With dual variable valve timing, the engine feels quite flexible and isn't peaky in the way that the Smart's three-cylinder engine is. And while no manual gearbox is in the works for the U.S. market, the little four works quite well with the belt-and-pulley continuously variable automatic transmission (CVT), which gives the engine enough revs when needed and avoids two common annoyances: the 'rubber band' feel to throttle response, and a surging feeling during moderate acceleration.
Part of the reason why the CVT in the iQ feels so responsive, we observed, is that its top ratio isn't really that tall. At highway speeds of around 70 mph, the tach was showing the engine spinning closer to four grand than three, which simply means that when you need more revs for passing, it's already much of the way there.
While the iQ can feel frisky, looking at a stopwatch will give you a reality check; it's actually very slow. Official 0-60 times are a finger-tapping 11.8 seconds—putting the iQ in the same range as many economy cars of the 1980s.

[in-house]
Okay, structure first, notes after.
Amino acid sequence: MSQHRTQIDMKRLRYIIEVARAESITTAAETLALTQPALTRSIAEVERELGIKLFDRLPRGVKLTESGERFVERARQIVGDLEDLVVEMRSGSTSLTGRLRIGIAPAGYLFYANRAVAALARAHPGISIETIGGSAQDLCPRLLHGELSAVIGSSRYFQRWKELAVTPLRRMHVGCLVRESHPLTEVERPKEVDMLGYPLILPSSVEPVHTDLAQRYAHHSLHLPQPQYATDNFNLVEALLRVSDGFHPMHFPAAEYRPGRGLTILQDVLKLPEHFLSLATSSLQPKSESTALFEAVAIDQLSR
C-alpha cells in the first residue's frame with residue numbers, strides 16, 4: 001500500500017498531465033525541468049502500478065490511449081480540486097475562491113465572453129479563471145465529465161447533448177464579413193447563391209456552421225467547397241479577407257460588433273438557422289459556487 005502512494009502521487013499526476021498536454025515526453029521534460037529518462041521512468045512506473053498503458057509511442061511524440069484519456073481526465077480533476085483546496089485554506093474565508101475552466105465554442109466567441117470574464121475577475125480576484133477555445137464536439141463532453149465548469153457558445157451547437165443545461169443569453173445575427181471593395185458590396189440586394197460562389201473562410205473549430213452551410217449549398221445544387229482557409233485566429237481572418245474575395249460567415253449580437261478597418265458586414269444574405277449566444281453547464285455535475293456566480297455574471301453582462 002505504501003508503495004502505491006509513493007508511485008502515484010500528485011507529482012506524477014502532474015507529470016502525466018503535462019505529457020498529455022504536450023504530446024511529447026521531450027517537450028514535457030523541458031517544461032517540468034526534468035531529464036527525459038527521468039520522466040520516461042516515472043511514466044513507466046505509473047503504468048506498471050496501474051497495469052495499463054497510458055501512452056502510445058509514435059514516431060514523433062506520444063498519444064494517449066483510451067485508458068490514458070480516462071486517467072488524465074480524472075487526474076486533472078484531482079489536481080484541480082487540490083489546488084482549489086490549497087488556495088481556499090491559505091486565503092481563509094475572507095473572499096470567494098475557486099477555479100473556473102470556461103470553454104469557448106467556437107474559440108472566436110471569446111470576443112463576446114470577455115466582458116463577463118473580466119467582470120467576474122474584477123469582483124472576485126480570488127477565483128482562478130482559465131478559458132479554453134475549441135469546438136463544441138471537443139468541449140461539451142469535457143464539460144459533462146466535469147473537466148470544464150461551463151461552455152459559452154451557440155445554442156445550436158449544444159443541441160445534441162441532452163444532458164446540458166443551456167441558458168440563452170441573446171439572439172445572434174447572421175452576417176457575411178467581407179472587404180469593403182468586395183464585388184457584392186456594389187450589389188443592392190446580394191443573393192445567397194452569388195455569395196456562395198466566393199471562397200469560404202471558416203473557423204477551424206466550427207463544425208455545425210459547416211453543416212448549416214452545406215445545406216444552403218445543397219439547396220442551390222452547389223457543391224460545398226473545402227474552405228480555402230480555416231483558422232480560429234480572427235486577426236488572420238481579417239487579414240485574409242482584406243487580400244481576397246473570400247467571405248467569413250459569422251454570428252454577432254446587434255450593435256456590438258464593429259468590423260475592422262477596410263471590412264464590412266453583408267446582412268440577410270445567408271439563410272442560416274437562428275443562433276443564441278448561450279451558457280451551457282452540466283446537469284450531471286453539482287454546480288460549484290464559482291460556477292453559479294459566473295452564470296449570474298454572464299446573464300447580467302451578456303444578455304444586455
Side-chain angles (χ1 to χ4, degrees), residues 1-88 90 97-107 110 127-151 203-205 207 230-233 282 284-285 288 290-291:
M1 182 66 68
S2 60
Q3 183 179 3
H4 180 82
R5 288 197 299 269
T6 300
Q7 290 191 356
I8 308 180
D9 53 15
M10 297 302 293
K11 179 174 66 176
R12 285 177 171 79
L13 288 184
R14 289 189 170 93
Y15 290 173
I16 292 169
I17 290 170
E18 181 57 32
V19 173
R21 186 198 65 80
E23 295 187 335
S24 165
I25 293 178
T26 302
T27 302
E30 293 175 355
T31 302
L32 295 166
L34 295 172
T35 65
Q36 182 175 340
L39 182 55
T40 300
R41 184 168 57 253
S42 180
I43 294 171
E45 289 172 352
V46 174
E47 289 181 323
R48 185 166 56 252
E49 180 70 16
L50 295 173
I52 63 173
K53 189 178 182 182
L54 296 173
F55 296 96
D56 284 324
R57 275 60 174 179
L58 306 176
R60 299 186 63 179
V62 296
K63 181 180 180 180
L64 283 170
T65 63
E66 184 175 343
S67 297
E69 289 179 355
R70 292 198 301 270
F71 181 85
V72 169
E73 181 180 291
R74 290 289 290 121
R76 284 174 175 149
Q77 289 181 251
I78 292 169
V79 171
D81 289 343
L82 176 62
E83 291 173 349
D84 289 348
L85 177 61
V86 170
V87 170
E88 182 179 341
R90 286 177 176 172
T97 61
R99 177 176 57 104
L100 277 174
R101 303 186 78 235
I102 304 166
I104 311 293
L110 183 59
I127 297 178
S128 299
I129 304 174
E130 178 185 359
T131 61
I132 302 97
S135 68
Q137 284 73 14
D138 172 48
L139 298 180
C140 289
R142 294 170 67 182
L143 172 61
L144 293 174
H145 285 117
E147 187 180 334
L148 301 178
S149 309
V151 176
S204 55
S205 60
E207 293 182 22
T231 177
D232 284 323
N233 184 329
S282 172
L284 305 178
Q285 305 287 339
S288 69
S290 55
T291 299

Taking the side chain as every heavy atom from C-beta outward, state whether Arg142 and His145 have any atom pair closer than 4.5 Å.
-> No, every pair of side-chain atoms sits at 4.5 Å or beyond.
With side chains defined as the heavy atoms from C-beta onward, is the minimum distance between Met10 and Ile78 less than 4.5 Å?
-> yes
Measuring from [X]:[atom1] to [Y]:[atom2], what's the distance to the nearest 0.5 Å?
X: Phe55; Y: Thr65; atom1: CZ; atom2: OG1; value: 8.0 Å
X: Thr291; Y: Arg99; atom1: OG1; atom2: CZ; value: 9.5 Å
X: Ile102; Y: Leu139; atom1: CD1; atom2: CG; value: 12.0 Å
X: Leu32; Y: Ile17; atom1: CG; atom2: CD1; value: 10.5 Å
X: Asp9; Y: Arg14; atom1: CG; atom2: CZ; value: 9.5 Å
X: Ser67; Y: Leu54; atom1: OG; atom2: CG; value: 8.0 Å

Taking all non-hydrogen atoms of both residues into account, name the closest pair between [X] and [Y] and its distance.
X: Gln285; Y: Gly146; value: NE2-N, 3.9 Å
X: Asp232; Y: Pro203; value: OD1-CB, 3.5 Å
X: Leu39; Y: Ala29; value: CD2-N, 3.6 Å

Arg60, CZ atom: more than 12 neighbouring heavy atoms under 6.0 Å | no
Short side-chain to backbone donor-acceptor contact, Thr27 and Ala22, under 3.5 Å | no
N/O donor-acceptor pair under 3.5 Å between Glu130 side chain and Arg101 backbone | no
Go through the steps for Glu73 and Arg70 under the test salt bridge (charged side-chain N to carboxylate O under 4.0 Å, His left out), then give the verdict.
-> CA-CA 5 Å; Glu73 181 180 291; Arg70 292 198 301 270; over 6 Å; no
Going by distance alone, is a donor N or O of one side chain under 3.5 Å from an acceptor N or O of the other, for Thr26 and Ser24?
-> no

Whether on a curvy road or out on the highway, the iQ's width and excellent suspension tuning really makes a difference. The rather firmly tuned suspension loads and unloads in a very stable, progressive way—and being about the same width as a larger subcompact or compact makes it much more confident. Its electric power steering, too, dials down to allow a heftier, more stable feel on the highway while being quite communicative on those twisty roads. All models have front discs and rear drums, and brake feel is confident enough for all city-driving needs.
The iQ's turning radius is an incredible 12.9 feet. When we made a wrong turn on a narrow two-lane road, we were able to pull off a painless U-turn, barely needing the shoulder.